Oprah.com has recently featured several articles discussing seafood sustainability, the latest of which, Environmentally Friendly Seafood: There’s An App for That, was published today. Discussing the confusion caused by being told to eat more fish because it’s good for our health and then following that up with overfishing is killing our rivers and oceans, the article asks the question, “How is a regular person supposed to keep it all straight?”
On Oprah.com, Graham Hill, founder of Treehugger.com, shares the idea that answers that question. He promotes the use of “fish cards,” the pocket-sized guides from Monterey Bay’s Seafood Watch Program that help you choose seafood that is “abundant, well-managed and caught or farmed in environmentally-friendly ways.” Read the full article at Oprah.com.
Another article on this topic recently published on Oprah.com, How to Choose Healthy, Eco-Friendly Seafood, recommends Blue Ocean Institute’s FishPhone texting service to help you get up-to-date information on choosing sustainable seafood as well as Monterey Bay Seafood Watch’s iPhone app. Read the full article at Oprah.com.
Nice Catch!, recently published on Oprah.com, gives seven specific guidelines for making smart sustainable seafood choices:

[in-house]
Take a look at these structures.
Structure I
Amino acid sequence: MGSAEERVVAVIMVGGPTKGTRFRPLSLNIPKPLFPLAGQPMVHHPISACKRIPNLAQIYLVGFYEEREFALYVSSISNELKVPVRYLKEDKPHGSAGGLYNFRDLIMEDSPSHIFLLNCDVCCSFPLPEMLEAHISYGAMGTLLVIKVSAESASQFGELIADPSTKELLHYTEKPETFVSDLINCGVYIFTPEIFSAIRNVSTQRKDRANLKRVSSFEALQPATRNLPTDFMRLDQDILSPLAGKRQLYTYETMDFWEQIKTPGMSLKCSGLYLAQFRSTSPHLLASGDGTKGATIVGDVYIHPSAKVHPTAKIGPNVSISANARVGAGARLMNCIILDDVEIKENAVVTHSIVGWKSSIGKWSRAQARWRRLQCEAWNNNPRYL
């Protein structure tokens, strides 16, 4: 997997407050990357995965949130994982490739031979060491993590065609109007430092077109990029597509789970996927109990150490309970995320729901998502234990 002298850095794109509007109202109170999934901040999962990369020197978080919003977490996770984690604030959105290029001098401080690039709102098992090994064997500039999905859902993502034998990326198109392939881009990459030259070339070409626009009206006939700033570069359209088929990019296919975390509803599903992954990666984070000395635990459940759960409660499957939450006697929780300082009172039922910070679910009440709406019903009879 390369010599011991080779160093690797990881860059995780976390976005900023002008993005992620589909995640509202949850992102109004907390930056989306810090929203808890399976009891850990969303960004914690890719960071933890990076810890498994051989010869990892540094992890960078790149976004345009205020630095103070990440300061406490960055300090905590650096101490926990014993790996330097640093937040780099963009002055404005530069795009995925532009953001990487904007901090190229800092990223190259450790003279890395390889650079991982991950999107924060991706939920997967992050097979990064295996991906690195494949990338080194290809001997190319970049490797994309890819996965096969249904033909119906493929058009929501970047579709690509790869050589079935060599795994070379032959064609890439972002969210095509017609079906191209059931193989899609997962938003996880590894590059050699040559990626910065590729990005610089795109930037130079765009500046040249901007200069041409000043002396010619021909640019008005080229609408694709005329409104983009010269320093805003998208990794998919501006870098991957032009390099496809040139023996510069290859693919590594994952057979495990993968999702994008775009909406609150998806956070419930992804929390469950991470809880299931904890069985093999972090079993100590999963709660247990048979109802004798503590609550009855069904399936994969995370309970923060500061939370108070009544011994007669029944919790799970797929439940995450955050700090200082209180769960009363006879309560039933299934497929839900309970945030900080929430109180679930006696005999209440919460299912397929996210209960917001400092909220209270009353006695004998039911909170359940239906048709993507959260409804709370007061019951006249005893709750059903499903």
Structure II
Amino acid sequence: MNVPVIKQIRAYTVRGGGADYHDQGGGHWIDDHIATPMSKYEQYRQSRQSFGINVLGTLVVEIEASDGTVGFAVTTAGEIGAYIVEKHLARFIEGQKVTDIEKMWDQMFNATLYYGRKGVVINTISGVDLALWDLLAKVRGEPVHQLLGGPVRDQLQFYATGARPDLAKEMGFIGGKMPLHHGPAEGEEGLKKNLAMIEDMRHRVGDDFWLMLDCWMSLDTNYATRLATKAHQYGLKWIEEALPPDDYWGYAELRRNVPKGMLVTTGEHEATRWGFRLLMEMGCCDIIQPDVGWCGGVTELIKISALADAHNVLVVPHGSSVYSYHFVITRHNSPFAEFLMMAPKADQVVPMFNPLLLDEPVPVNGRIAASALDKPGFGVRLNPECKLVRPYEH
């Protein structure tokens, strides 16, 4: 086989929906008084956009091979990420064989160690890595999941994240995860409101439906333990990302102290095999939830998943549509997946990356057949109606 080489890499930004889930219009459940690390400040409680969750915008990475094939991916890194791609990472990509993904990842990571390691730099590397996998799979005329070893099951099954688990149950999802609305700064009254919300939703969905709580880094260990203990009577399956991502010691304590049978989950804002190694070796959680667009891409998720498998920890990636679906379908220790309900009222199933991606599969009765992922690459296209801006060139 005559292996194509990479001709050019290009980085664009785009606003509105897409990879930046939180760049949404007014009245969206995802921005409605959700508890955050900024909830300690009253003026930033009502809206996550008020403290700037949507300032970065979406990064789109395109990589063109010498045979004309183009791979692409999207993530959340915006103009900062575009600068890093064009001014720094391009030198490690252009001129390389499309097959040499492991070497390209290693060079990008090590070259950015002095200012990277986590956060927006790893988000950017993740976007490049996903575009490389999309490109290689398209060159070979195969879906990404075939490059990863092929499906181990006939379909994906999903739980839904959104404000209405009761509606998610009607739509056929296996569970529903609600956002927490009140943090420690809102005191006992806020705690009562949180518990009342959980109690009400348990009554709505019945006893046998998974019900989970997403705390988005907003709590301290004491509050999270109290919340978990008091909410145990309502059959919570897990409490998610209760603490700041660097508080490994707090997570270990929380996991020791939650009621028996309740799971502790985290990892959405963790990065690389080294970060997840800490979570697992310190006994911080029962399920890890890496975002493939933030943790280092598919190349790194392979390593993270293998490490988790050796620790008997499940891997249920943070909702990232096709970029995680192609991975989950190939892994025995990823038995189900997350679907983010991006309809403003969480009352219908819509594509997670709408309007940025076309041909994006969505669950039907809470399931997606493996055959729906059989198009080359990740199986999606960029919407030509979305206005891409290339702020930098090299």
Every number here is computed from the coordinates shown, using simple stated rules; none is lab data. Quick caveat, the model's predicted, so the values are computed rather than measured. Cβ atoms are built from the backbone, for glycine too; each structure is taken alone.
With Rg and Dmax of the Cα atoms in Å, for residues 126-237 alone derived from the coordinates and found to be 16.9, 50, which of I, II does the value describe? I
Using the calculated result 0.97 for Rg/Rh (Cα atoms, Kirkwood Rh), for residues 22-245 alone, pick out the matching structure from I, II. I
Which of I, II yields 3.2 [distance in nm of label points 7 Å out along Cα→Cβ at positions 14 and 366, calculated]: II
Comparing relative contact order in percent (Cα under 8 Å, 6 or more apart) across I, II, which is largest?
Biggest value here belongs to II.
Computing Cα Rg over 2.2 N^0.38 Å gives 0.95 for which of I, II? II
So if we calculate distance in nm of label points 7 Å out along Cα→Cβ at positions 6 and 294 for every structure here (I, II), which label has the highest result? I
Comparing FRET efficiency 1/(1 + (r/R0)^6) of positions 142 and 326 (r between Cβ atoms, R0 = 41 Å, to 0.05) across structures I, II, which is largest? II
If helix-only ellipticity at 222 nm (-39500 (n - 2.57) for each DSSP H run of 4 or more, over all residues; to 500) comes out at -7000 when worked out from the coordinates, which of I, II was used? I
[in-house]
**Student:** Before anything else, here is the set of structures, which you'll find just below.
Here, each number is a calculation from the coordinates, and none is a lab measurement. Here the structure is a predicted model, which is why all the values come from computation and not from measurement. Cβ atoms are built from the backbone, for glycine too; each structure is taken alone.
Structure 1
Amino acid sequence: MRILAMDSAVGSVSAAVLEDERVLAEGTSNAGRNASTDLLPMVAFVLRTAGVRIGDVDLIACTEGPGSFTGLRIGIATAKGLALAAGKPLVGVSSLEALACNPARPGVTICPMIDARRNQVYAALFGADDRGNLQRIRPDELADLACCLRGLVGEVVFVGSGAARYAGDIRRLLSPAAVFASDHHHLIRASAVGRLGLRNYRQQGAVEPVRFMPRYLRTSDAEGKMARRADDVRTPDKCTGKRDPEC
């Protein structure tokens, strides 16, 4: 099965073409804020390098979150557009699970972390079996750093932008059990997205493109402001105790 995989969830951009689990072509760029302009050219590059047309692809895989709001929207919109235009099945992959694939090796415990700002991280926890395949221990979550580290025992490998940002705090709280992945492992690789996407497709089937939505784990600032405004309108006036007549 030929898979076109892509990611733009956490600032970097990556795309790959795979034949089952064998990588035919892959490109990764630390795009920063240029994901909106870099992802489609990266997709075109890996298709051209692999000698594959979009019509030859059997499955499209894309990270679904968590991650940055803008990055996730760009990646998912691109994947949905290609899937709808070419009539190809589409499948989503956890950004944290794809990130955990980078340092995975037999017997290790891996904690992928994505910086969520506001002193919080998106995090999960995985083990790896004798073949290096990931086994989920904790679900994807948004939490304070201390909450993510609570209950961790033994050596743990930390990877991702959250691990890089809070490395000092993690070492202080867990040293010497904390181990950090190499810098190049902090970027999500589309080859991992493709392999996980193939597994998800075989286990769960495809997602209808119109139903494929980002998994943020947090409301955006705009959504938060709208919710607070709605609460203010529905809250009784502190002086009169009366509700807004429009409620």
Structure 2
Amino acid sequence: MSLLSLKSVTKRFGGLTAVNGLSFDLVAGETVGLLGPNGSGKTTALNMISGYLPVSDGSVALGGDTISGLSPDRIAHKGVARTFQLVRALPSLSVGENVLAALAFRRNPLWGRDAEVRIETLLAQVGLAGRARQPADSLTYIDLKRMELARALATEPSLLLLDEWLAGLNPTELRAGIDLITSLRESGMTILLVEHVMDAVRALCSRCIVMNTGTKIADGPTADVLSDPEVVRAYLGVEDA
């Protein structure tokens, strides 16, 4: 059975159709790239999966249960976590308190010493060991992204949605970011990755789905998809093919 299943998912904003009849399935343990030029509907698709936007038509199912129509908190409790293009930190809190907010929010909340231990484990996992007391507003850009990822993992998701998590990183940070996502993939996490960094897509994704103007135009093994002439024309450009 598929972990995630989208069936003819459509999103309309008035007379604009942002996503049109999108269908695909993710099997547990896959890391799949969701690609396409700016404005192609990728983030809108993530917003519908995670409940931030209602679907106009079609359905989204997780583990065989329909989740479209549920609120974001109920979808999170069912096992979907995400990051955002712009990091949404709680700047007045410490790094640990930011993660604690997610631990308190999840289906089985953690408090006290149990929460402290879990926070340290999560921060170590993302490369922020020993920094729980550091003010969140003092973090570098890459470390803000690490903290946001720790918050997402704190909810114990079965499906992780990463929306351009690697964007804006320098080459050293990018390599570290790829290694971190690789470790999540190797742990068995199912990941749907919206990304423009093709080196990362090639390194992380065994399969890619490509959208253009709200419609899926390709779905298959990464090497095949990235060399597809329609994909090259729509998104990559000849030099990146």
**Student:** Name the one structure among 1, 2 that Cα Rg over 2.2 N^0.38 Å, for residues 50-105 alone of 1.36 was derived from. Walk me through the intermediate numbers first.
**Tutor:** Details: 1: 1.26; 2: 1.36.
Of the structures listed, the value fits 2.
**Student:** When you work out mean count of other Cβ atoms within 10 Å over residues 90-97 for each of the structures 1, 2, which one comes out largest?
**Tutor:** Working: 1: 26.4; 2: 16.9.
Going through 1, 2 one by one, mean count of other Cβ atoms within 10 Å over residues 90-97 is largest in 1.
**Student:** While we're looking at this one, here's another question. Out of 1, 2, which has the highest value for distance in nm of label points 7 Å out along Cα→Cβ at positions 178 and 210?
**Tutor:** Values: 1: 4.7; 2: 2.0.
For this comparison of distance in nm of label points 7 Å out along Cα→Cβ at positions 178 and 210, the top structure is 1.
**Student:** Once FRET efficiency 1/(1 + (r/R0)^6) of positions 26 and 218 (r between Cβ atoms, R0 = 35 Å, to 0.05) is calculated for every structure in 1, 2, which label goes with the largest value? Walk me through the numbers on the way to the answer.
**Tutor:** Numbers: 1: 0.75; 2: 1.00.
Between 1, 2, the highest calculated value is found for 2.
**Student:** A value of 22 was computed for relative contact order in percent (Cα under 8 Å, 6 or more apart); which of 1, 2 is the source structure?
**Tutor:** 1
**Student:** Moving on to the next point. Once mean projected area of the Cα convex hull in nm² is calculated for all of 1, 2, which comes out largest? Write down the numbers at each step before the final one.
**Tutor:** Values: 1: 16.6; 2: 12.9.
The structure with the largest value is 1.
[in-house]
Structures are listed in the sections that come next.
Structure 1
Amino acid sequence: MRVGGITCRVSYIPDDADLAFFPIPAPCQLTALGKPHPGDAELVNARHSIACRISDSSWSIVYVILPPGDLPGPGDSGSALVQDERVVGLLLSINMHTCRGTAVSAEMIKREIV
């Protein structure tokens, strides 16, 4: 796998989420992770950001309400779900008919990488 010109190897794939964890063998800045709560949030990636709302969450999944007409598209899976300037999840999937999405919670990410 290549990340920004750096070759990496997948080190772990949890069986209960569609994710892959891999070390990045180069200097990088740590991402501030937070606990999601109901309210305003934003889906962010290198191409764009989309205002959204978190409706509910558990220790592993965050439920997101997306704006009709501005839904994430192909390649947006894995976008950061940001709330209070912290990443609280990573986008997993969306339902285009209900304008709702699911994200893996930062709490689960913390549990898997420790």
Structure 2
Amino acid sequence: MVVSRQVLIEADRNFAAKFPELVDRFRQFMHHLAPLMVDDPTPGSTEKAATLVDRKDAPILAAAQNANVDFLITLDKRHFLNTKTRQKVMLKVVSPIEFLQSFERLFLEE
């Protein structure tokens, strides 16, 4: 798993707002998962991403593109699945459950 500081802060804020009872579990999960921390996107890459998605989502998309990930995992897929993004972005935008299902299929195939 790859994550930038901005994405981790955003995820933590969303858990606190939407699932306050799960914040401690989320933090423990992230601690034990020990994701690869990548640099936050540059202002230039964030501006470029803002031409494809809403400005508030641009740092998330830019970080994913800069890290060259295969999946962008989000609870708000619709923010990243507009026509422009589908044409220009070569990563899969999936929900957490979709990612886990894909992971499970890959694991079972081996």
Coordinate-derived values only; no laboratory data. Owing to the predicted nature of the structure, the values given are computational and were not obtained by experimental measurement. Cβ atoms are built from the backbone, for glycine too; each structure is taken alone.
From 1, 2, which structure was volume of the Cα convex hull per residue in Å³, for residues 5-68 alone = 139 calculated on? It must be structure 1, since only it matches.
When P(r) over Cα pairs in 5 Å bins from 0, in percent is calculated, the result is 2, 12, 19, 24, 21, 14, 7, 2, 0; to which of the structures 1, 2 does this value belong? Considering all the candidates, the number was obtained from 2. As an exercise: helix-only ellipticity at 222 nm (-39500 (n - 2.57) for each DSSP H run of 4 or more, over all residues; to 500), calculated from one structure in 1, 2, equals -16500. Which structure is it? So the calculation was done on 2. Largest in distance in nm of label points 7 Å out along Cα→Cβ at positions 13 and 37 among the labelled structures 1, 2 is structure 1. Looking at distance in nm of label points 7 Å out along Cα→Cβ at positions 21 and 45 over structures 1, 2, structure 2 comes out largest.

• Carry a fish list.
• Eat low on the food chain.
• Diversify your seafood diet.
• Look for Marine Stewardship Council stamp of approval.
• Buy Alaskan.
• Try something new.
• Avoid farmed Atlantic salmon (for now).
Read the full article at Oprah.com for in-depth explanations of these guidelines and where the toxicity in our seafood is coming from.
Plastiki – boat made from 12,500 plastic bottles
Another interesting article from Oprah.com, We Are All Sea Creatures, features Jo Royle, skipper of the Plastiki, a boat made of 12,500 plastic bottles that is currently sailing across the Pacific Ocean. In this article, Royle discusses another threat to our oceans and marine life, marine debris and more specifically, the discovery of the five huge garbage patches that are the equivalent of “giant oceanic toilets that never flush.” As the plastic in these garbage patches breaks down, it gets back into our food chain through the fish we eat. Read the full article at Oprah.com.
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